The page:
Many a time when the Boston Red Sox have come to this town, the cheering in the Memorial Stadium horseshoe has been so split that it was hard to tell which was the home team.

Not tonight. A crowd of 43,025 came to praise the Baltimore Orioles, and no one else.

The 5-3 Bird victory, which began and ended with standing ovations, was not so much a game as a testimonial to the most surprising and inspirational of all moderan Oriole teams.

When the Orioles left on the road eight days ago with a 9 1/2-game lead, some slim fear existed that hard times might lie ahead. But by tonight, all reasonable doubt had been eliminated, and this throng reveled in a typically crisp Bird victory based on Ken Singleton's hitting and the pitching of Steve Stone (11-7) and Don Stanhouse (19th save).

Singleton, the club's most conspicuous year-long hero, and Stone, its best camouflaged star of late, shared the spotlight.

Singleton knocked a solo homer (his 34th) into the right-field bleachers to tie the game, 2-2, in the third, then broke that deadlock two innings later with a two-run bases-loaded single to left off Boston starter Bob Stanley.

The O's right fielder, hitting .422 in September, now has 108 RBI, 102 walks, and a .301 average. The sign draped behind his position on the outfield wall tonight said, "ken's Korner: MVP."

"My homer almost hit the sign," said Singleton, grinning sheepishly. "Maybe I shoudl have pointed at it before I hit it."

On this O's staff, Stone, who has the club's highest ERA (3.69), has been a hidden man.

Few notice that since discovering the fork ball at midseason he has been a transformed hurler. In his last 19 starts over three months, the O's are 14-5. Stone has not lost in more than nine weeks, but, because of weak batting support, he has only five wins over that span.

After that drought, including two 10-inning performances in which he had no decision, Stones luck 'may have changed after the Birds gave him 16 runs last Sunday in Boston's Fenway Park.

On this evening, he battled the Bosox -- baseball's leading hitting and slugging team -- through 7 1/3 innings and 121 pitches before letting Stanhous obtain the final five outs.

Stone appeared headed for a short night's work when the first two hitters of the game got a single and double -- both eventually scoring for a 2-0 Sox lead on a Fred Lynn grounder and a Carl Yaztrzemski fly.

But, in the second inning, Stone changed the shape of this game by fanning Lynn -- the man with the .394 season average with men on base -- withe bases loaded and two outs.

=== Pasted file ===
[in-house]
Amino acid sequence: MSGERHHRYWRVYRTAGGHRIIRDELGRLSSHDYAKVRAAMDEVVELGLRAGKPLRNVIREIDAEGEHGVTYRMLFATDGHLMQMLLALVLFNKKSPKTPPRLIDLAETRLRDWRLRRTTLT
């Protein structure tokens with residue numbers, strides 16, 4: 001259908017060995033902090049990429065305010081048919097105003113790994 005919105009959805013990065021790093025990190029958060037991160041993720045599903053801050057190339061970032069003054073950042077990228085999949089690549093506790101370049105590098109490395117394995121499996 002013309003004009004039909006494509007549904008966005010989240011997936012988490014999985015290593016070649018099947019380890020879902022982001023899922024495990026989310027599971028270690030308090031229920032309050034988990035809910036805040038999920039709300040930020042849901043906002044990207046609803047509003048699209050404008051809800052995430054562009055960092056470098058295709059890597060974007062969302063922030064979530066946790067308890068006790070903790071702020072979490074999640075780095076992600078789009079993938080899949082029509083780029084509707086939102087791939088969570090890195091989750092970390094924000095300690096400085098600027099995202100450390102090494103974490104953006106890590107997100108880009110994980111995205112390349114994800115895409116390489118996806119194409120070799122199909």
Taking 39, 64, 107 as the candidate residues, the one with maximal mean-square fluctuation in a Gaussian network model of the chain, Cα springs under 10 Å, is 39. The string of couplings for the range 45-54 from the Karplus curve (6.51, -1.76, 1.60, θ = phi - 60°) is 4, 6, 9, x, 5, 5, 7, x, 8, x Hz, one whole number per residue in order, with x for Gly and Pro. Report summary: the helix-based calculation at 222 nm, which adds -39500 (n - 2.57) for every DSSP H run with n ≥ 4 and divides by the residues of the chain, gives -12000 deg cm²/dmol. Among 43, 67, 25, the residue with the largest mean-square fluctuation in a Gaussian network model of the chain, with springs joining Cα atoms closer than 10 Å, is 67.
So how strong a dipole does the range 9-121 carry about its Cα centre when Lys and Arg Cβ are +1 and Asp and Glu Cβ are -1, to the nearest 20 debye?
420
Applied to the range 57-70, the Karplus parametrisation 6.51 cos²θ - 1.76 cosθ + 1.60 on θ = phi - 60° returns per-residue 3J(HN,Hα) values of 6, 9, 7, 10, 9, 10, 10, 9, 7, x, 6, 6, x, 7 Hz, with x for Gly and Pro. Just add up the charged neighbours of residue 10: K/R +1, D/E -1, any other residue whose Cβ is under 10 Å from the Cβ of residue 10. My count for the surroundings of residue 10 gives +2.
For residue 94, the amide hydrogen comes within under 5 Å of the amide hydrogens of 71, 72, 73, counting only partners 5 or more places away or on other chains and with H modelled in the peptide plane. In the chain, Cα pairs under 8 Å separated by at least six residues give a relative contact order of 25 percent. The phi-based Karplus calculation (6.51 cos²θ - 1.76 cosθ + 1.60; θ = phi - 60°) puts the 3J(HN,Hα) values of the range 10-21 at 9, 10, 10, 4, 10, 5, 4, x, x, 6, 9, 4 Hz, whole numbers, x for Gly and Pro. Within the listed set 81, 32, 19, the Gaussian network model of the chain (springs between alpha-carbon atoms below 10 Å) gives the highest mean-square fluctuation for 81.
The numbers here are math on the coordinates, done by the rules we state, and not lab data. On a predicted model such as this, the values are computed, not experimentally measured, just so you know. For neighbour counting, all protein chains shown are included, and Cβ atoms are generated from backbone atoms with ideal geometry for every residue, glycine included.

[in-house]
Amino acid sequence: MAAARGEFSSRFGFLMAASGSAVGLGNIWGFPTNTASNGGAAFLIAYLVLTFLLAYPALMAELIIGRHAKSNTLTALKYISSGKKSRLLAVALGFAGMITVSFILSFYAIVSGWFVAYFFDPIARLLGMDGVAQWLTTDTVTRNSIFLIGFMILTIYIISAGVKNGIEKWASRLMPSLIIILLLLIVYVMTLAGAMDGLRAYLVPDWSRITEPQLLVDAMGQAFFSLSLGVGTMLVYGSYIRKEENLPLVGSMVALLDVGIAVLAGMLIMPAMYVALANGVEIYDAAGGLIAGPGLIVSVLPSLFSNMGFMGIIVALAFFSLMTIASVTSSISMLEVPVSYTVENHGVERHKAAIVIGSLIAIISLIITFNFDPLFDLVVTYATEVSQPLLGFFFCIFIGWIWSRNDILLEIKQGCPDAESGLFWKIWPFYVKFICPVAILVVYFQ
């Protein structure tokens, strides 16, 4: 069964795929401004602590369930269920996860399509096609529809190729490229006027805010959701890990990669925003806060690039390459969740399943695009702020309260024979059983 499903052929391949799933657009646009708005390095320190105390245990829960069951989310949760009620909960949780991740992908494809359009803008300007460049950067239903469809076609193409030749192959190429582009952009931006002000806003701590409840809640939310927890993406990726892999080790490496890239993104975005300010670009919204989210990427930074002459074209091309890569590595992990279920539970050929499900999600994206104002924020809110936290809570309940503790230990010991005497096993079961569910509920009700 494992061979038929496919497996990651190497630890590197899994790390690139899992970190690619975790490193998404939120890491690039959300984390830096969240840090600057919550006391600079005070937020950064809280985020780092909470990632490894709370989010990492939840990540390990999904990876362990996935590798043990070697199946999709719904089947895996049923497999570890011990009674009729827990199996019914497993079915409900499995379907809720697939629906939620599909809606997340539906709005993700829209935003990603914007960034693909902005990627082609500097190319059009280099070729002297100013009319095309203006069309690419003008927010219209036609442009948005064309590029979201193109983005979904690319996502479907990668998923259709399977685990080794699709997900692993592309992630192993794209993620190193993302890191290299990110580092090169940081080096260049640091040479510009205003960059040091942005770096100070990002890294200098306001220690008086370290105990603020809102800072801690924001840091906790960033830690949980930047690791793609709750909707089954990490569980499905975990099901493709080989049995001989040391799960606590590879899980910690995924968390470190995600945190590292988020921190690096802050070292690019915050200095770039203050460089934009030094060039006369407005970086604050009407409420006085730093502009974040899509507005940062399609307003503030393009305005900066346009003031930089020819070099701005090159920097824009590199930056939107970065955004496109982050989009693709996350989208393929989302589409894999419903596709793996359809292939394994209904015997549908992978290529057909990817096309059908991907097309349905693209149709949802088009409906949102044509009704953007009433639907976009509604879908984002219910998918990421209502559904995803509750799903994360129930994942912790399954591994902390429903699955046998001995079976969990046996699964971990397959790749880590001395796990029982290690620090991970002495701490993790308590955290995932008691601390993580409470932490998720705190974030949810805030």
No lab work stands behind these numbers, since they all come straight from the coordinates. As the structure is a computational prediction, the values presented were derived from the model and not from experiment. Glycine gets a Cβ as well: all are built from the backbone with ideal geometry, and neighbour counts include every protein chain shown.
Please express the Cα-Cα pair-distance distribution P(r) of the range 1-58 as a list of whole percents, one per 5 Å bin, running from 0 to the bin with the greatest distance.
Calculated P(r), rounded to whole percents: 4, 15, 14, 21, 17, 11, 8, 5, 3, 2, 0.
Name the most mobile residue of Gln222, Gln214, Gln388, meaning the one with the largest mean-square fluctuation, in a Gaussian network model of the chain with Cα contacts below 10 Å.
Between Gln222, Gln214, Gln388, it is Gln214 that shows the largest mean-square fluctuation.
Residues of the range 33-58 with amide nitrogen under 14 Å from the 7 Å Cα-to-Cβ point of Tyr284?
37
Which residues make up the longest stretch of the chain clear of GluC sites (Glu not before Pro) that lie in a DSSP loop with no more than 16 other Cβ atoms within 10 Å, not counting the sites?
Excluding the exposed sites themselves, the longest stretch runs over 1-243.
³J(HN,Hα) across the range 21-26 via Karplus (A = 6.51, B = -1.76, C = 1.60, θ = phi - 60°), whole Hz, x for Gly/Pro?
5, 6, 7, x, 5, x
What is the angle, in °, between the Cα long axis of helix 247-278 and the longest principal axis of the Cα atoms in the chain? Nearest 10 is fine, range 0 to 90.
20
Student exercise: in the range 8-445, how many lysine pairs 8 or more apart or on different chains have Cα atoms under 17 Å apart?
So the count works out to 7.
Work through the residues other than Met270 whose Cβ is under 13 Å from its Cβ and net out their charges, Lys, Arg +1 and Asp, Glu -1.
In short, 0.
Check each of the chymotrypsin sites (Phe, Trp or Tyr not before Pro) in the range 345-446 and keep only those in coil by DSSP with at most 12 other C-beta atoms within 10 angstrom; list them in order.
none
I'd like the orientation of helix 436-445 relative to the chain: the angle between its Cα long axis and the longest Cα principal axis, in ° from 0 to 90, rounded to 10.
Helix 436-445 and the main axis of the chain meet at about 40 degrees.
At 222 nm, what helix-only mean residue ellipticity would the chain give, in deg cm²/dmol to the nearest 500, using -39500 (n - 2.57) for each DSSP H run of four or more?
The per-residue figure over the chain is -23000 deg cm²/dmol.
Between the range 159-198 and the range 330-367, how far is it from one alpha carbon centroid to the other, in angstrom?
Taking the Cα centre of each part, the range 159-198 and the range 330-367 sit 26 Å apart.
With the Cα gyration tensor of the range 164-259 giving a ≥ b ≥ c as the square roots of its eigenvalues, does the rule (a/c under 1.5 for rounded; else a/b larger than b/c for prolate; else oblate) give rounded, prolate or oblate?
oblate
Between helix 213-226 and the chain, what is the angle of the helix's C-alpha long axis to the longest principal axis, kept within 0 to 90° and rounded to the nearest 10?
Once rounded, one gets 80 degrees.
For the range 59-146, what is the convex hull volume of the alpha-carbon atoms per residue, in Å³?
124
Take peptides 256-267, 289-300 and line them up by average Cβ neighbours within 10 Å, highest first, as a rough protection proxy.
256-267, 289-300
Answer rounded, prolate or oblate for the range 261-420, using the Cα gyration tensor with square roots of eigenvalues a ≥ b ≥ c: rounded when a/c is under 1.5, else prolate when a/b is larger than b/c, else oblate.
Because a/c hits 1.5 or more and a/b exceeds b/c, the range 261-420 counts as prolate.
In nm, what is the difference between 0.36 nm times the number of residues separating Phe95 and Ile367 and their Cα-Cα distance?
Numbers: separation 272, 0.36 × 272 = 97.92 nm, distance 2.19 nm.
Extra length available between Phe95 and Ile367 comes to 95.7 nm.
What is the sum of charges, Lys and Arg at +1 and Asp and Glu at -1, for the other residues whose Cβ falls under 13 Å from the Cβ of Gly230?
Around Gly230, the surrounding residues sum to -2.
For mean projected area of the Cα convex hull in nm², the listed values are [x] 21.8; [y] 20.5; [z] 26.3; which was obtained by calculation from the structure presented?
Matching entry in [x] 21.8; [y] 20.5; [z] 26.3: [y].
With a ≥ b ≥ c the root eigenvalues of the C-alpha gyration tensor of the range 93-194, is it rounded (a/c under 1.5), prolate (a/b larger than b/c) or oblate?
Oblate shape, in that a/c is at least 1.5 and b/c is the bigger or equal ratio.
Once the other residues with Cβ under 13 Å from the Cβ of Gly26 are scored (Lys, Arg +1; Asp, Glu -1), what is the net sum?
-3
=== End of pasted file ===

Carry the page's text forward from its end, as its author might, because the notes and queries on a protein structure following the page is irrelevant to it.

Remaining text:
"He's startin' to remind me of Mike Cuellar," crowed Manager Earl Weaver. "Once he gets through the first couple of innings, he finds himself and just gets tougher and tougher."

The man who helped Stone stay tough was catcher Rick Dempsey, who turned 30 Thursday. Twice he gunned out stealers as Sox hitters swung through pitches on hit-and-run plays. Once, he made a brilliant pounce and peg on an excellent Rick Burleson bunt that was 40 feet toward third. And, once, he held a foul tip third strike.

In the O's locker room, as his teammates praised him, Dempsey began making a huge melange out of all the remaining food on the cold-outs table. "Julia Child Dempsey, we call him" said Stone.

Finally, Dempsey poured the whole concoction over himself, rubbing it into his hair, before exiting to the shower with the sarcastic words. "Sometimes I love this game so much I can't stand it."

Many a team has such fraternity humor. The distinctive Oriole twist came five minutes later when Dempsey quietly came back, got down on his hands and knees and cleaned up the whole mess so the going clubhouse man wouldn't have to.

As so other happens, the O's, now 95-49 with their magic number down to five, hung in this game by their teeth until suddenly it swung their way. This time, the momentum shift came in a three-run fifths inning that erased a 2-2 tie.

After Sox first baseman Bob Watson hashed up Billy Smith's deflected single, and A1 Bumbry 12-for-his-last-23) singled to right, and Kiko Garcia beat out a swinging bunt, the bases were loaded with one out and the kettle was boiling.

Up stepped Singleton, who had knocked a 3-2 change up into the first row of right field bleachers aboe the 360-feet stripe in his last at-bat. With a steady left-to-right field wind blowing, the worried Sox chose to throw Singleton nothing but five straight fast balls away -- a particularly poor choice since that may be the one pitch that Singleton hits best.

After Singleton rifled his 10th game-winning hit to left, Eddie Murray, who has driven in 22 runs in his last 18 games, cracked an RBI double into the right field corner to KO Stanley.

Stone endured until the eighth when Jim Rice sliced a double and Yastrzemski drew a walk.

Stanhouse allowed a soft RBI single to right by Watson then closed the door. For a final fillip, he ended the game by fanning Fred Lynn for the third time of the evening.

"This time of year, there's no guessin'," beamed Stanhouse. "Everybody knows what's coming and why it's coming. So, here the heck it comes."

As Lynn waved at the final pitch, and a furious Rice in the on-deck circle waved his bat at a heckling fam and invited him to draw nigh for destruction. Stanhouse and Co. marched off the mound as the packed Stadium stood and cheered.

There was no guessin' who was comin' and why.